-The Brief And Wonderous Life Of Oscar Wao, Junot Diaz
One of those miraculous reads that just clicks, and one of my favorite novels as soon as I finished reading it. Diaz combines cultures and languages the way only those in cross ethnic, cultural, and national lines can. Those who can't speak Spanish might not understand certain portions and passages of the book, just as those not well versed in all manner of 20th century nerdom (comics, movies, anime, tv shows, sci-fi novels, card games, etc), might be just as lost in the endless wave of pop culture references. If that's not enough Diaz captures modern slang vernacular just as expertly as all the other dialects floating through this book, which is at once a modern tale about genre obsessed and alienated youth, one families struggles through curses, totalitarian regimes, and history repeating itself, as well as a general history of the modern Dominican Republic. It sounds like a mouthful and it is, but it is also a humane, funny, perfectly structured and manged, amazing read, that's as good on a literary level as it is a pure delight to read. Best book of the decade as far as I'm concerned, hands down.
- "Our hero was not one of those Dominican cats everybody's always going on about - he wasn't no home-run hitter or a fly bachatero, not a playboy with a million hots on his jock.
He was seven then.
In those blessed days of his youth, Oscar was something of a Casanova. One of those preschool loverboys who was always trying to kiss the girls, always coming up behind them during a merengue and giving them the pelvic pump, the first nigger to learn the perrito and the one who danced it any chance he got. Because in those days he was (still) a "normal" Dominican boy raised in a "typical" Dominican family, his nascent pimp-liness was encouraged by blood and friends alike. During parties - and there were many parties in those long-ago seventies days, before Washington Heights was Washington Heights, before the Bergenline became a straight shot of Spanish for almost a hundred blocks - some drunk relative inevitably pushed Oscar onto some little girl and then everyone would howl as boy and girl approximated the hip-motism of the adults."
- "Homeboy dominated Santo Domingo like it was his own private Mordor; not only did he lock the country away from the rest of the world, isolate it behind behind the plátano curtain, he acted like it was his very own plantation, acted like he owned everything and everyone, killed whomever he wanted to kill, sons, brothers, fathers, mothers, took women away from their husbands on their wedding nights and then would brag publicly about “the great honeymoon” he’d had the night before. His Eye was everywhere; he had a secret police that out-Stasi’ed the Stas..."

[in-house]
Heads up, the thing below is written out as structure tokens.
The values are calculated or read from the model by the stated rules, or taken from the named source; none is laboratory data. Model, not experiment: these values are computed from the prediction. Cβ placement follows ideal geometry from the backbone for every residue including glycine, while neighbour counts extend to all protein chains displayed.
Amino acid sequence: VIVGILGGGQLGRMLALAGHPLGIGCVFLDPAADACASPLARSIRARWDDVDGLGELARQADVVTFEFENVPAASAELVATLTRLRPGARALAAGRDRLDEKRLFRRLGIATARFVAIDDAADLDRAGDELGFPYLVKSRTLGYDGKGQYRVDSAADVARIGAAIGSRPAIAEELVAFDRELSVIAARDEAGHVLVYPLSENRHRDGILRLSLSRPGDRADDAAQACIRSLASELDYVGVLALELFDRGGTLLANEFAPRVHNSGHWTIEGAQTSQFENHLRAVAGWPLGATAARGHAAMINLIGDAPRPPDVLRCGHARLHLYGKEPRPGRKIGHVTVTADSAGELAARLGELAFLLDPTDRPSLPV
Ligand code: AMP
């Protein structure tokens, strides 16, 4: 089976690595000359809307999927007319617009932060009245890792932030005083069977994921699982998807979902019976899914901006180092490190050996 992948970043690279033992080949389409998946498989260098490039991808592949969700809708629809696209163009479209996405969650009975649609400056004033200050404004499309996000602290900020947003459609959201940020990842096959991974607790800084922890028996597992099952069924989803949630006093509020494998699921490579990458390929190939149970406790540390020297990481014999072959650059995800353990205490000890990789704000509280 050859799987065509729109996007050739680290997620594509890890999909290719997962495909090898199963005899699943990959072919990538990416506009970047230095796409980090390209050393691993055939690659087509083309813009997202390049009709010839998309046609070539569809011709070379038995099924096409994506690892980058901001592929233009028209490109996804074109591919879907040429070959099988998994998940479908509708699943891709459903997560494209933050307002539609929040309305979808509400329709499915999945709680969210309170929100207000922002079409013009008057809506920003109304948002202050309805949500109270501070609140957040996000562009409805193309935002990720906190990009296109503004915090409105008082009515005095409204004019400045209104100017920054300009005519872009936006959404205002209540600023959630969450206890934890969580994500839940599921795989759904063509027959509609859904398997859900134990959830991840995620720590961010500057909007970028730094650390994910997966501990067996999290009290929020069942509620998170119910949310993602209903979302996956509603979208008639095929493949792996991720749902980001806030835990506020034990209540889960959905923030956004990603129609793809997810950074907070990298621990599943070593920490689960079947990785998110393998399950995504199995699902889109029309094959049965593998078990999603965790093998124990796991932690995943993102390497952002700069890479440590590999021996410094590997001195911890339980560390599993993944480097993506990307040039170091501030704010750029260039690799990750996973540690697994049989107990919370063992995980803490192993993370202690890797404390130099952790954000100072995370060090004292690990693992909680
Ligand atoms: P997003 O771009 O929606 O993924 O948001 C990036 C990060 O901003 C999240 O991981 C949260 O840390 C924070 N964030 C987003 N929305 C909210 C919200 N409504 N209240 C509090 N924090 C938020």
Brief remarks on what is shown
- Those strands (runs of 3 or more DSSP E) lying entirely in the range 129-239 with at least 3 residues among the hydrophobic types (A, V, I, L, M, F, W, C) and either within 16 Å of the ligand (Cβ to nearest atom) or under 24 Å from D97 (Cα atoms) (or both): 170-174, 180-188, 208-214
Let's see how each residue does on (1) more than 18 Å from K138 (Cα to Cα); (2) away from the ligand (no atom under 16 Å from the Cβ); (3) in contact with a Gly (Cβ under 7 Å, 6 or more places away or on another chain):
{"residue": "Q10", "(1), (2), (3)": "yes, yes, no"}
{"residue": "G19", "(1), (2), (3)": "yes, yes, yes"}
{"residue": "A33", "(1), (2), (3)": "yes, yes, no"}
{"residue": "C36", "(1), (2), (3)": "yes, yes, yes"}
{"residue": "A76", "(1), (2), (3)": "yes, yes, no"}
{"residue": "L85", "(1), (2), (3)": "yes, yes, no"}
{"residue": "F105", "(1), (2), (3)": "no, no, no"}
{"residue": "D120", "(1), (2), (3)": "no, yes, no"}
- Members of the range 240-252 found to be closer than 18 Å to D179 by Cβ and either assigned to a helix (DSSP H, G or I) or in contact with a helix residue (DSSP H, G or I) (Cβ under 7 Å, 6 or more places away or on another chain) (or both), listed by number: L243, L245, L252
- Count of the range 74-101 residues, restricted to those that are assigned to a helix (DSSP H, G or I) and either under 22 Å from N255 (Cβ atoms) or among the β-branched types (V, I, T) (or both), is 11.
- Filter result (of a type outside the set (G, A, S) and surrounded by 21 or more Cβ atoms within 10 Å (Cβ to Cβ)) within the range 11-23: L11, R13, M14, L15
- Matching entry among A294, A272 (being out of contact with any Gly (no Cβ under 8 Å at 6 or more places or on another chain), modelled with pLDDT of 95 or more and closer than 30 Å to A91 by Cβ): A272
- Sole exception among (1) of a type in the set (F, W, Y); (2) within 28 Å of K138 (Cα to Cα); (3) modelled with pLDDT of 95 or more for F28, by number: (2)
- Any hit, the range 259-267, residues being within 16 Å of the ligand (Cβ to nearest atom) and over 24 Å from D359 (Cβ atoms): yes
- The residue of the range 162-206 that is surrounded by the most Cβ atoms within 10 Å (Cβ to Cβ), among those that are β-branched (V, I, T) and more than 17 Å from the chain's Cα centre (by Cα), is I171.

- "What had hurt, however, was when Maritza dumped [Oscar]. Monday after he’d fed Olga to the dogs he arrived at the bus stop with his beloved Planet of the Apes lunch box only to discover beautiful Maritza holding hands with butt-ugly Nelson Pardo. Nelson Pardo who looked like Chaka from Land of the Lost! Nelson Pardo who was so stupid he thought the moon was a stain that God had forgotten to clean. (He’ll get to it soon, he assured his whole class.) Nelson Pardo who would become the neighborhood B&E expert before joining the Marines and losing eight toes in the First Gulf War. At first Oscar thought it a mistake; the sun was in his eyes, he’d not slept enough the night before. He stood next to them and admired his lunch box, how realistic and diabolical Dr. Zaius looked. But Maritza wouldn’t even smile at him! Pretended he wasn’t there. We should get married, she said to Nelson, and Nelson grinned moronically, turning up the street to look for the bus. Oscar had been too hurt to speak; he sat down on the curb and felt something overwhelming surge up from his chest, scared the shit out of him, and before he knew it he was crying; when his sister, Lola, walked over and asked him what was the matter he’d shaken his head. Look at the mariconcito, somebody snickered. Somebody else kicked his beloved lunch box and scratched it right across General Urko’s face. When he got on the bus, still crying, the driver, a famously reformed PCP addict, had said, Christ, don’t be a fucking baby."